It's been a wild week here in Nacogdoches: we were in the direct path of hurricane Ike.
I am counting every blessing that we are ok, and that it was not as bad as it could have been. We had plenty of limbs and logs strewn everywhere, and 4 1/2 days without power, but nothing worse. Others in town were less fortunate: some neighbors around the corner no longer have a house due to giant oak trees being uprooted by the winds and crashing through the ceiling; others are still without power and water; and many others are in shelters across town, having fled Houston, Galveston, and Beaumont, with no word yet at all as to whether they have homes to return to.
All of this has left me grateful for my safety, yet decidedly unnerved. And while it seems on one hand callous to think about food and baking when others are suffering so much, I found that baking cookies for one of the shelters housing evacuees was one of the things I could wrap my brain around today; so that's what I did.
You'll have to forgive me for abandoning all thoughts of calories and fat content; this is one of those times when such considerations must be put aside. My focus today was to make as many cookies as I could--with a two-year-old underfoot all the while--that would be as comforting and reassuring as home.
I knew the very cookie I would bake: a chocolate chip cookie based on one I first found in a church cookbook years back.
I do variations on the original (different kinds of chips, occasionally dried fruit or coconut), but today was about pleasing others, and in my humble experience, nothing cheers as much as an old fashioned chocolate chip cookie.
I have tried and made countless chocolate cookies over the years, but this is hands down the very best. I love these cookies for their flavor and texture, but also because the dough comes together in about 4-5 minutes, no electric mixers required. The key is using melted butter--which mixes in a few short strokes of the spoon--instead of creaming cold or room temperature butter.
Melted butter yields perfect chocolate chips cookies because, unlike cold or even room temperature butter, it is warm and liquid, meaning it will dissolve and melt the sugar in the cookie in a short mixing time and short baking time (i.e., the time it takes to bake a cookie). The result? A perfect chocolate chips cookie with a winning texture and flavor.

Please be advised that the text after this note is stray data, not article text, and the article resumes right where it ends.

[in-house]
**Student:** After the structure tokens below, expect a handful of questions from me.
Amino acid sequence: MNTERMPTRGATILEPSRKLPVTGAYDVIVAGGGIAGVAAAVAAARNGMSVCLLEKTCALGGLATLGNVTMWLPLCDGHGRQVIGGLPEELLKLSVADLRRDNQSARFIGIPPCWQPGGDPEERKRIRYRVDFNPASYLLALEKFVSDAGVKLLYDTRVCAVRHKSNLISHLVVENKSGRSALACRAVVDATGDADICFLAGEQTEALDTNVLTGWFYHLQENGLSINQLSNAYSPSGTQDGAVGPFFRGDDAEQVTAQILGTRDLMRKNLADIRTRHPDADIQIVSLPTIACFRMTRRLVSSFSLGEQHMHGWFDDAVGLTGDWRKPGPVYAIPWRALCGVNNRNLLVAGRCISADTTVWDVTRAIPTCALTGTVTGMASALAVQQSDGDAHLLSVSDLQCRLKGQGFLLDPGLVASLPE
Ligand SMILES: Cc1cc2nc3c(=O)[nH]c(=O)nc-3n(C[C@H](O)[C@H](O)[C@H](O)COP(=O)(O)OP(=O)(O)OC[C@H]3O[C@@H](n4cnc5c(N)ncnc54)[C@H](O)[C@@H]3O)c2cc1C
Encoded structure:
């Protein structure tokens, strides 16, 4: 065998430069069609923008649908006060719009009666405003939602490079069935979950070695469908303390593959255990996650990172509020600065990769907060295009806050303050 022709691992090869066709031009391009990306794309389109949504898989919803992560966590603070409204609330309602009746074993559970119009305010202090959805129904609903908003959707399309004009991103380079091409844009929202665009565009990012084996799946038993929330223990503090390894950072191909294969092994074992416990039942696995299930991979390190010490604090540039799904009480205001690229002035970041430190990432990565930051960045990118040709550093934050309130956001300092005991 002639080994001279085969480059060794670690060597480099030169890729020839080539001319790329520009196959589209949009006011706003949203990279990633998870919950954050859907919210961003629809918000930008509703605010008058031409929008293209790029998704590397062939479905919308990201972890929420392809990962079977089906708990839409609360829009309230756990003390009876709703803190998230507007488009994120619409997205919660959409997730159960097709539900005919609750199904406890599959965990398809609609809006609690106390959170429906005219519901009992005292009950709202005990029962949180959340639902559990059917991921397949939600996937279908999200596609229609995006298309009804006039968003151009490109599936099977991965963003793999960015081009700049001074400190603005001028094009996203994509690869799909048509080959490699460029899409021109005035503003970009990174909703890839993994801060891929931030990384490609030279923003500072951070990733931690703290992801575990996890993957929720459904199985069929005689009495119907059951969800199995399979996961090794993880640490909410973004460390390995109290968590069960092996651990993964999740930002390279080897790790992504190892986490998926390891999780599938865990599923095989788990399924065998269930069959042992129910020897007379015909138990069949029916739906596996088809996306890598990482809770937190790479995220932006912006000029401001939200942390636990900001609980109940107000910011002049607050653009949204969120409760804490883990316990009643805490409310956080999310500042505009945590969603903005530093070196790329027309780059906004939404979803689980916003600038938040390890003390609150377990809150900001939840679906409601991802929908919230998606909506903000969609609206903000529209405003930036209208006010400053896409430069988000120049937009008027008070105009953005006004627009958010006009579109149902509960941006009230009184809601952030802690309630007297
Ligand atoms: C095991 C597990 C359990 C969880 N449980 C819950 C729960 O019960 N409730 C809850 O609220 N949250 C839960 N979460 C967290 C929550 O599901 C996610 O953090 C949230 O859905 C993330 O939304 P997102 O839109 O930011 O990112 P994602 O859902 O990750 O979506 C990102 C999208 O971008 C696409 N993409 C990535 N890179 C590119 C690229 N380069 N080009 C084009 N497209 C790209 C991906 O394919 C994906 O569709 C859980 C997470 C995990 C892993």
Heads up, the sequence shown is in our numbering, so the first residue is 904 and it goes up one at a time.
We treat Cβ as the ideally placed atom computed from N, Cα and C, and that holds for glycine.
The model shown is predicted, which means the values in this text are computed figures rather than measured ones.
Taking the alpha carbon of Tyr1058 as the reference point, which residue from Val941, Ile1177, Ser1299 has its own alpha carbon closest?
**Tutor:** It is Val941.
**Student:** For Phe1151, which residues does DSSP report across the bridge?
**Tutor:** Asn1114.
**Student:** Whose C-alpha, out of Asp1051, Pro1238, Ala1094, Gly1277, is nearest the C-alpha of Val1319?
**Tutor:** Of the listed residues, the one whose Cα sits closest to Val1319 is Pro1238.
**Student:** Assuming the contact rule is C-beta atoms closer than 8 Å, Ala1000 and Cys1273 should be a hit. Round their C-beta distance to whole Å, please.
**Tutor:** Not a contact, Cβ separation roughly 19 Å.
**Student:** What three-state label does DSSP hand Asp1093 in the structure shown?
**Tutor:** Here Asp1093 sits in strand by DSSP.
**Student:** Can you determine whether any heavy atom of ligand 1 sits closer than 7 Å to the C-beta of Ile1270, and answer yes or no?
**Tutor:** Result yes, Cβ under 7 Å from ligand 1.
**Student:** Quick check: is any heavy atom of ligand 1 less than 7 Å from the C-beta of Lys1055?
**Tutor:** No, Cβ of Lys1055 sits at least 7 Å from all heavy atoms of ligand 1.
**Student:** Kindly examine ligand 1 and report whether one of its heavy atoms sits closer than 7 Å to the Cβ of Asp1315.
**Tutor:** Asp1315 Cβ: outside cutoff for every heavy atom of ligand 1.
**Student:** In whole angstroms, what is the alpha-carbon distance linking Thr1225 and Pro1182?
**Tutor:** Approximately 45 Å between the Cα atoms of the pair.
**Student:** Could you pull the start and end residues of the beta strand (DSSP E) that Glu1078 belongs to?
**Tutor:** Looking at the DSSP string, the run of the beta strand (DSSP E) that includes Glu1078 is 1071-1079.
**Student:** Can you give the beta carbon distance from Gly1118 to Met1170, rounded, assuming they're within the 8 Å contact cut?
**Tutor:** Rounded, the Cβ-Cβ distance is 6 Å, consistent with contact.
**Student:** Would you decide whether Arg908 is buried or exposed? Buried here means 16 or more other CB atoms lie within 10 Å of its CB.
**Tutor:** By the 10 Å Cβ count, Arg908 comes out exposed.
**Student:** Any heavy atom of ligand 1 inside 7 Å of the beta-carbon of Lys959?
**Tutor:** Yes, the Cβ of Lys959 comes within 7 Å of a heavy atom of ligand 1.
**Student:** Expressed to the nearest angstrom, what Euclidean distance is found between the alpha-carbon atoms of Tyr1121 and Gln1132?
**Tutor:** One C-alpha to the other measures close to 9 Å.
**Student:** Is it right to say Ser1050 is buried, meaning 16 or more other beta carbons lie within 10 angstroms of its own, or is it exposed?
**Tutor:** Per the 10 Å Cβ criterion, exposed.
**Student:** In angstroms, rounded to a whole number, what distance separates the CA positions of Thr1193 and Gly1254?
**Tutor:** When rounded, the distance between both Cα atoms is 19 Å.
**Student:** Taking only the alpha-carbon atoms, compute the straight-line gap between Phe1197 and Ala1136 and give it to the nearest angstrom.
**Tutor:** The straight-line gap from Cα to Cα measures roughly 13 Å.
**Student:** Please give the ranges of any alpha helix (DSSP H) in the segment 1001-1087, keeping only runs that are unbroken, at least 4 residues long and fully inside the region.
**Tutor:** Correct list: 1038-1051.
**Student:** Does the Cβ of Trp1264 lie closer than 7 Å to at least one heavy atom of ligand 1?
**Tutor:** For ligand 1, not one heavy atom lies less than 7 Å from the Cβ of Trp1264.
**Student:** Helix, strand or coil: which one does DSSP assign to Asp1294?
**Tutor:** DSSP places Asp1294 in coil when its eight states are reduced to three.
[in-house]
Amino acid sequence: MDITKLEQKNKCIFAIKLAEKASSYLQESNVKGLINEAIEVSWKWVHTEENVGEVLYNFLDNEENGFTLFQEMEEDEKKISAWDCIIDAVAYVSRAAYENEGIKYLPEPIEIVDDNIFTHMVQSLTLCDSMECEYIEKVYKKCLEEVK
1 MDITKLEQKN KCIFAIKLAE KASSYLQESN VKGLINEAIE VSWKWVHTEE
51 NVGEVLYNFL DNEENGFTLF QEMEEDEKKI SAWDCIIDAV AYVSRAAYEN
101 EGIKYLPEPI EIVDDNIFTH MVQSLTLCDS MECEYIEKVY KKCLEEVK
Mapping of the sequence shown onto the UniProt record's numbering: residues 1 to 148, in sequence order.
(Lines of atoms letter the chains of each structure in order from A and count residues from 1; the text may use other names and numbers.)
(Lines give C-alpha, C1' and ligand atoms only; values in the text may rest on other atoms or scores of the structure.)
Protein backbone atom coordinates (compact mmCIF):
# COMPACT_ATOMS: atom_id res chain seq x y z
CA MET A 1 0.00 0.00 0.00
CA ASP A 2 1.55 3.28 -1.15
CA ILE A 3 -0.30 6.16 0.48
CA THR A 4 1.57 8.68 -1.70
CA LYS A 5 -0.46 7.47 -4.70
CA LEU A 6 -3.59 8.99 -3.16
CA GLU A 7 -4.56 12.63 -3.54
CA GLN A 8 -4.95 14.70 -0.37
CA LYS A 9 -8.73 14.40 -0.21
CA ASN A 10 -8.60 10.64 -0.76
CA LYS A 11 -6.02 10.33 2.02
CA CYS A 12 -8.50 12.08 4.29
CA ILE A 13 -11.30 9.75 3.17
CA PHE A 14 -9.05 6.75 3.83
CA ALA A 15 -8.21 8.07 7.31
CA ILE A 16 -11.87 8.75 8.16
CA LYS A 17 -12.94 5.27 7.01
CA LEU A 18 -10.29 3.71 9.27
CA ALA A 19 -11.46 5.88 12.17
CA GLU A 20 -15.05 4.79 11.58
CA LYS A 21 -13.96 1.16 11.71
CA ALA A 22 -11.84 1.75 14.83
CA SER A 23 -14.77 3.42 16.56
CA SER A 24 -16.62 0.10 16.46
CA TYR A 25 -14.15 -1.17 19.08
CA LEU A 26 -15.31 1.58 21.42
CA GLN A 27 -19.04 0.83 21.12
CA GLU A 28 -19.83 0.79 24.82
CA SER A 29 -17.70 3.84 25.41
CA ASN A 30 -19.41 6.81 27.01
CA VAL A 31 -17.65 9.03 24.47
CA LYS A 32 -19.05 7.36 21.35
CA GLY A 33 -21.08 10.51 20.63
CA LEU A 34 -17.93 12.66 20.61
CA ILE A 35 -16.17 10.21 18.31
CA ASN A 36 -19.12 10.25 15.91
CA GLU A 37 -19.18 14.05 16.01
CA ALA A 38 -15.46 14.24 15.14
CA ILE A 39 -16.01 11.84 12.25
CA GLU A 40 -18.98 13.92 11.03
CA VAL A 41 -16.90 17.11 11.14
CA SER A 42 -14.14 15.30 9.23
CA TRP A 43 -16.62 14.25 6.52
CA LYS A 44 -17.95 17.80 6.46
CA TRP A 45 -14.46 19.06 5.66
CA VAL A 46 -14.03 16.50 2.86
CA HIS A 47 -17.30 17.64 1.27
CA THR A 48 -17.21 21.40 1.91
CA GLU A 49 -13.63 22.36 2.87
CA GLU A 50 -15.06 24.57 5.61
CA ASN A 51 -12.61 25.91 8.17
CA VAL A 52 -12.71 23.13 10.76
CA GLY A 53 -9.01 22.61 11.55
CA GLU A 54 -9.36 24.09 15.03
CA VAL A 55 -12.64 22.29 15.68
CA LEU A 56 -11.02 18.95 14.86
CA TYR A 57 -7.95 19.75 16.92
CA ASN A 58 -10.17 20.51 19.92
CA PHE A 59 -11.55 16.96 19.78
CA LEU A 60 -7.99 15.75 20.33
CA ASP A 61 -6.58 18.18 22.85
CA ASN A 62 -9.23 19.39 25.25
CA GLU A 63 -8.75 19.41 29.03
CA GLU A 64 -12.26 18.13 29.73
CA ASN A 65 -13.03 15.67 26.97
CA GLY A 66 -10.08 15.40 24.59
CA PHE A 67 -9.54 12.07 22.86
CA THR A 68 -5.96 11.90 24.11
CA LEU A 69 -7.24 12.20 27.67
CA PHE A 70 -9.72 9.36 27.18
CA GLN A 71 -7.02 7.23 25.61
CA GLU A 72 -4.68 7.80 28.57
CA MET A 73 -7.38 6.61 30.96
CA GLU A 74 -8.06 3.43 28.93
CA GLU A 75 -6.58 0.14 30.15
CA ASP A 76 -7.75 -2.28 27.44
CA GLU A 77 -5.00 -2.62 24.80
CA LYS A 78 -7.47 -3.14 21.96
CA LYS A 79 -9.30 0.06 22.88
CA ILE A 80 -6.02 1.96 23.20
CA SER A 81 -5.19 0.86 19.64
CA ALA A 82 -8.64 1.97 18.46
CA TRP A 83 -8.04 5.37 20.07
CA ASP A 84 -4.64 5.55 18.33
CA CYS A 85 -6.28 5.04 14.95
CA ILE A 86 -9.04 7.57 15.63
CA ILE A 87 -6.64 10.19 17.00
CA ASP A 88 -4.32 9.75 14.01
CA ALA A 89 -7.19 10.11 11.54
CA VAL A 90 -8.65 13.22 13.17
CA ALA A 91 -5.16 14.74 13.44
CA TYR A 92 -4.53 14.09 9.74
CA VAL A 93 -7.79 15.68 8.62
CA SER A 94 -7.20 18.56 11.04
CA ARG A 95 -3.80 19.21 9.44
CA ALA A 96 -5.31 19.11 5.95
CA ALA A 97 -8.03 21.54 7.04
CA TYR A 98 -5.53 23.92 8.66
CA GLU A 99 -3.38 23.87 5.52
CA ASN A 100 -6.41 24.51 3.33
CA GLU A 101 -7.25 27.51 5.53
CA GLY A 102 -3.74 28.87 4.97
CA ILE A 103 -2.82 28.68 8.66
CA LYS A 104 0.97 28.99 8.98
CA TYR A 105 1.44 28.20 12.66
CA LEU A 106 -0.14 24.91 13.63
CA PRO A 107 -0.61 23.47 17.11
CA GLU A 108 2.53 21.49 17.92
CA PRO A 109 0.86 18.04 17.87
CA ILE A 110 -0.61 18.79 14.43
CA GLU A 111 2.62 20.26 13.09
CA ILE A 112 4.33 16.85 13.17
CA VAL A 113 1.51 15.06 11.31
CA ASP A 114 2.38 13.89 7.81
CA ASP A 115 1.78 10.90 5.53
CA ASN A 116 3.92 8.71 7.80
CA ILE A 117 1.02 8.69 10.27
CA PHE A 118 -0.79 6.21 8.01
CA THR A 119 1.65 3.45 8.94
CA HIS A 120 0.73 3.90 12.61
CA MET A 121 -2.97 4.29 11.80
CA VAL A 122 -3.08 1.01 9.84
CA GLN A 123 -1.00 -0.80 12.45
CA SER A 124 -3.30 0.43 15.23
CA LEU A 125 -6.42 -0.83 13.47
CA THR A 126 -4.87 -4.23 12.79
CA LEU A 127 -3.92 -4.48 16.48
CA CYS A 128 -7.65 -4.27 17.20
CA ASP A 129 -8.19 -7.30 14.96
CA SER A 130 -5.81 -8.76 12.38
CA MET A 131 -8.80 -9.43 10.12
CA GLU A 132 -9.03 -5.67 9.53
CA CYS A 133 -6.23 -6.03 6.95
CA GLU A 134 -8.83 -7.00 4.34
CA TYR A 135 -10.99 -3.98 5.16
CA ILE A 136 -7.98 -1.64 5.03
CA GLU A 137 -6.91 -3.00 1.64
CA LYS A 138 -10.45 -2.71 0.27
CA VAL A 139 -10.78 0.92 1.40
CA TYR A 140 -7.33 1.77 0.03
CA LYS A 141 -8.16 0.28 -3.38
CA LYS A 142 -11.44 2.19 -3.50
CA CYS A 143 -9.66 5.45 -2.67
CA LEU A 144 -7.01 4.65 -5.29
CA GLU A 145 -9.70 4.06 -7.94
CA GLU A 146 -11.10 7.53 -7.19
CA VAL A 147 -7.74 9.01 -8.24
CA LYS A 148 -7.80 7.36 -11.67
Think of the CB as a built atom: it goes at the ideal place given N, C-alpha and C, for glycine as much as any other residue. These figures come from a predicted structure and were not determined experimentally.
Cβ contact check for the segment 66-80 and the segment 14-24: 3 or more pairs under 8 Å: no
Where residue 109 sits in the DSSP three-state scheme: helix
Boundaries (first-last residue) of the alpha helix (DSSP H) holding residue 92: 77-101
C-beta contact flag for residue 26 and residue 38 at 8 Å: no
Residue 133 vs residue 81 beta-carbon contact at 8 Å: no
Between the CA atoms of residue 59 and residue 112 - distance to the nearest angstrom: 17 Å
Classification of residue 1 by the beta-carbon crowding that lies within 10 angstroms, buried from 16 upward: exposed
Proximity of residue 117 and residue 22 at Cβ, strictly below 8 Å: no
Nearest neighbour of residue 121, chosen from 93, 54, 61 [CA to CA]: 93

The recipe is so easy, I was able to make 5 complete batches in under three hours. I left out a few for Nick, then wrapped and delivered the warm cookies, pronto.
Please say a prayer, pass along some good karma, or however you send your good wishes, to the people who are suffering here in Texas. They are brave, but they need your concern and help.
And keep in mind that when a crisis comes along, this recipe works small wonders.
Best Chocolate Chip Cookies (a.k.a. Crisis Cookies)
2 cups all-purpose flour
1/2 teaspoon baking soda
1/2 teaspoon salt
1 and 1/2 stick (3/4 cup) unsalted butter, melted & still warm
3/4 cup granulated sugar
3/4 cup packed dark brown sugar
4 teaspoons vanilla extract
1 large egg
1 large egg yolk
1 12-ounce bag (2 cups) semisweet chocolate chips
Preheat oven to 325F. Lightly spray cookie sheets with nonstick spray or line with parchment paper.
In a medium bowl whisk the flour, baking soda and salt; set aside.
In a medium bowl, stir the melted butter, sugar and brown sugar until well blended. Mix in the vanilla, egg, and egg yolk until light and creamy. Mix in the flour mixture until just blended. Stir in the chocolate chips by hand using a wooden spoon.
Drop cookie dough 1/4 cup at a time onto the prepared cookie sheets, about 3 inches apart; flatten slightly with your palm.
Bake 15-17 minutes in the preheated oven, or until the edges are lightly toasted. Cool on baking sheets 2 minutes, then transfer to wire racks. Cool completely. Makes 1 and 1/2 dozen large cookies.
Nutrition Notes: The coalescence of butter, brown sugar, vanilla and chocolate significantly contribute to a heightened sense of happiness and mental well-being, when eaten in moderation (as determined by the crisis at hand).